Revolutionary winter virus jab for babies could cut hospital admissions by 80%

A winter virus jab for babies could ease the burden on the NHS, scientists have said, after a large clinical trial has shown it can reduce related hospital admissions by more than 80%.

Results from the Harmonie study suggest a single shot of nirsevimab offers immediate protection against RSV (Respiratory Syncytial Virus) – a common seasonal virus that affects 90% of children worldwide before the age of two.

While some babies experience mild cold-like illness, for others, infection can lead to more severe lung problems such as bronchiolitis and pneumonia.

It is estimated that around 30,000 babies and children under five are admitted to hospitals in the UK every year because of RSV, causing up to 30 infant deaths per year.

The treatment was approved in the UK last year but experts said at the time that more research was needed before it could be used on the NHS.

The jab is being rolled out in the US and Spain this winter and the treatment is being considered in the UK for a national RSV immunisation programme.

The trial, led by scientists at University Hospital Southampton (UHS), the University of Southampton and St George’s University Hospital, London, shows a single shot can reduce RSV-related hospital admissions by 83%.

They said the findings, published in the New England Journal of Medicine, could help ease winter pressures on the NHS.

Professor Saul Faust, co-study leader at the University of Southampton and director of the NIHR Southampton Clinical Research Facility, said: “These latest results show that this long-acting antibody is safe and could protect thousands of babies from hospitalisation when used in conditions similar to routine clinical practice.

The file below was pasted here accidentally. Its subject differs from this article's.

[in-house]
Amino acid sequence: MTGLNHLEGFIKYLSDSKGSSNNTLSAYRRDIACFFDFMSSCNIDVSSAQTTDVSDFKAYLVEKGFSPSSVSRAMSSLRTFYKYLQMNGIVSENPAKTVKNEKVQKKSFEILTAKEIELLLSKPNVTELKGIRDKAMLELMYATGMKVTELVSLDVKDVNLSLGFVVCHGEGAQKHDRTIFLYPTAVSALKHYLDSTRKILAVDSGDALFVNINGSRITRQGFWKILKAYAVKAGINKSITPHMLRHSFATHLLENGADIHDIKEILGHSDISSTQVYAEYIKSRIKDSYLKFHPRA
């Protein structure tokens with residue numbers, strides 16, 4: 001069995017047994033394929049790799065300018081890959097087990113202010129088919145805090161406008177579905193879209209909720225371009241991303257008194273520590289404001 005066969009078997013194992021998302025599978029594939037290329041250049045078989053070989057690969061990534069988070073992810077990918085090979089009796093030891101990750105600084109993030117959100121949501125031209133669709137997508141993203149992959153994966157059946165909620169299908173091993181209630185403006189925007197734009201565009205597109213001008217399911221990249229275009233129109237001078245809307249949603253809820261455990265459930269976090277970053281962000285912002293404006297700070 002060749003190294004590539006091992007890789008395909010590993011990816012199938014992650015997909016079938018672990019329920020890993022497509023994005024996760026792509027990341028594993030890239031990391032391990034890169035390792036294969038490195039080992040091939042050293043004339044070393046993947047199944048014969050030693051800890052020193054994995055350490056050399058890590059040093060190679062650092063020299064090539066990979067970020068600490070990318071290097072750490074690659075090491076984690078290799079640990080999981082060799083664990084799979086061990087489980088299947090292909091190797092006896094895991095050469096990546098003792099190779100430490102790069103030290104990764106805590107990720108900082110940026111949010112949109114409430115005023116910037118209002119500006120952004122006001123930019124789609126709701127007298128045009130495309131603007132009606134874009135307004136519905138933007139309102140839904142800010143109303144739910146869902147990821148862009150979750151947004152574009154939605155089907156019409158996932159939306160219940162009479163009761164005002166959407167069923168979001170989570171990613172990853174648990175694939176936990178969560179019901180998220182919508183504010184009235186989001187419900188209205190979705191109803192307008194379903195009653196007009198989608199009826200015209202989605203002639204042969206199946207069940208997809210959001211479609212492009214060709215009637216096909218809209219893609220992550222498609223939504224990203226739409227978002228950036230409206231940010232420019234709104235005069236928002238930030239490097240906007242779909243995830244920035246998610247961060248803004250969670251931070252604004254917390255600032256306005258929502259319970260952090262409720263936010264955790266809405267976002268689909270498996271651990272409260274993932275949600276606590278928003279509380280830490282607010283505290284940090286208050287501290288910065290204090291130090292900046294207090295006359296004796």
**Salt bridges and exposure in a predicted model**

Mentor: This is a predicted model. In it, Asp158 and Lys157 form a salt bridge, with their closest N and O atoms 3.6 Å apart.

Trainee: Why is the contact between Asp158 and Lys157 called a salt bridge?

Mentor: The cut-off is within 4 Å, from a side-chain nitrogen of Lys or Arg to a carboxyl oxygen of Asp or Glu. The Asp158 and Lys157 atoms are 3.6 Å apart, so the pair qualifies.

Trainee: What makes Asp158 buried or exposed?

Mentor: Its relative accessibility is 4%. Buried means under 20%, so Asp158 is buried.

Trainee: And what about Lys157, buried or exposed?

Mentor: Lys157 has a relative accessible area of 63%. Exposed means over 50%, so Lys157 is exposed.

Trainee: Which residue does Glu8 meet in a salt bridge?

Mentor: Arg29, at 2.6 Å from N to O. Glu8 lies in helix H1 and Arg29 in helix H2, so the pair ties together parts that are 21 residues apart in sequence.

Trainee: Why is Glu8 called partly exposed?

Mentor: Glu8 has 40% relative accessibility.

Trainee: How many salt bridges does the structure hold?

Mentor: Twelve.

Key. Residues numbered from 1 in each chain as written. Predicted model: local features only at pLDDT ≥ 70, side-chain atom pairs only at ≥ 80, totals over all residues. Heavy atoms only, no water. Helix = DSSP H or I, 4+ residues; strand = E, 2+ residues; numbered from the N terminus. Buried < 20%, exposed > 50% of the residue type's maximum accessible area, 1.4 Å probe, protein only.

“It is really important information for the UK to help decide on options for the future national RSV immunisation programme.”

Nirsevimab is a monoclonal antibody – man-made proteins that act like natural human antibodies in the immune system.

A single shot can help stop babies getting chest infections for up to six months.

The research, funded by Sanofi and AstraZeneca, included 8,058 babies up to the age of 12 months.

The infants were randomly assigned into one of two groups, with one getting a single dose of nirsevimab by injection and the other receiving standard-care treatment.

Results showed 11 infants in the nirsevimab group and 60 in the standard-care group were admitted to hospital for RSV-related infections.

The researchers said this corresponded to an efficacy of 83.2%, making this preventative treatment safe and effective.

Commenting on the research, Professor Calum Semple, of Child Health and Outbreak Medicine at the University of Liverpool and respiratory consultant at Alder Hey Children’s Hospital, said the findings were “a splendid result for babies”.

Sir Andrew Pollard, director of the Oxford Vaccine Group at the University of Oxford, said: “The respiratory virus, RSV, causes a disease called bronchiolitis which leaves babies gasping for air and short of oxygen, leading to up to 30,000 autumn/winter hospital admissions every year in the UK, putting huge pressure on the health system.

“This new study shows how interventions against this virus such as vaccines and antibodies, in this case, can protect the youngest in society and dramatically alleviate winter strain in the NHS.”

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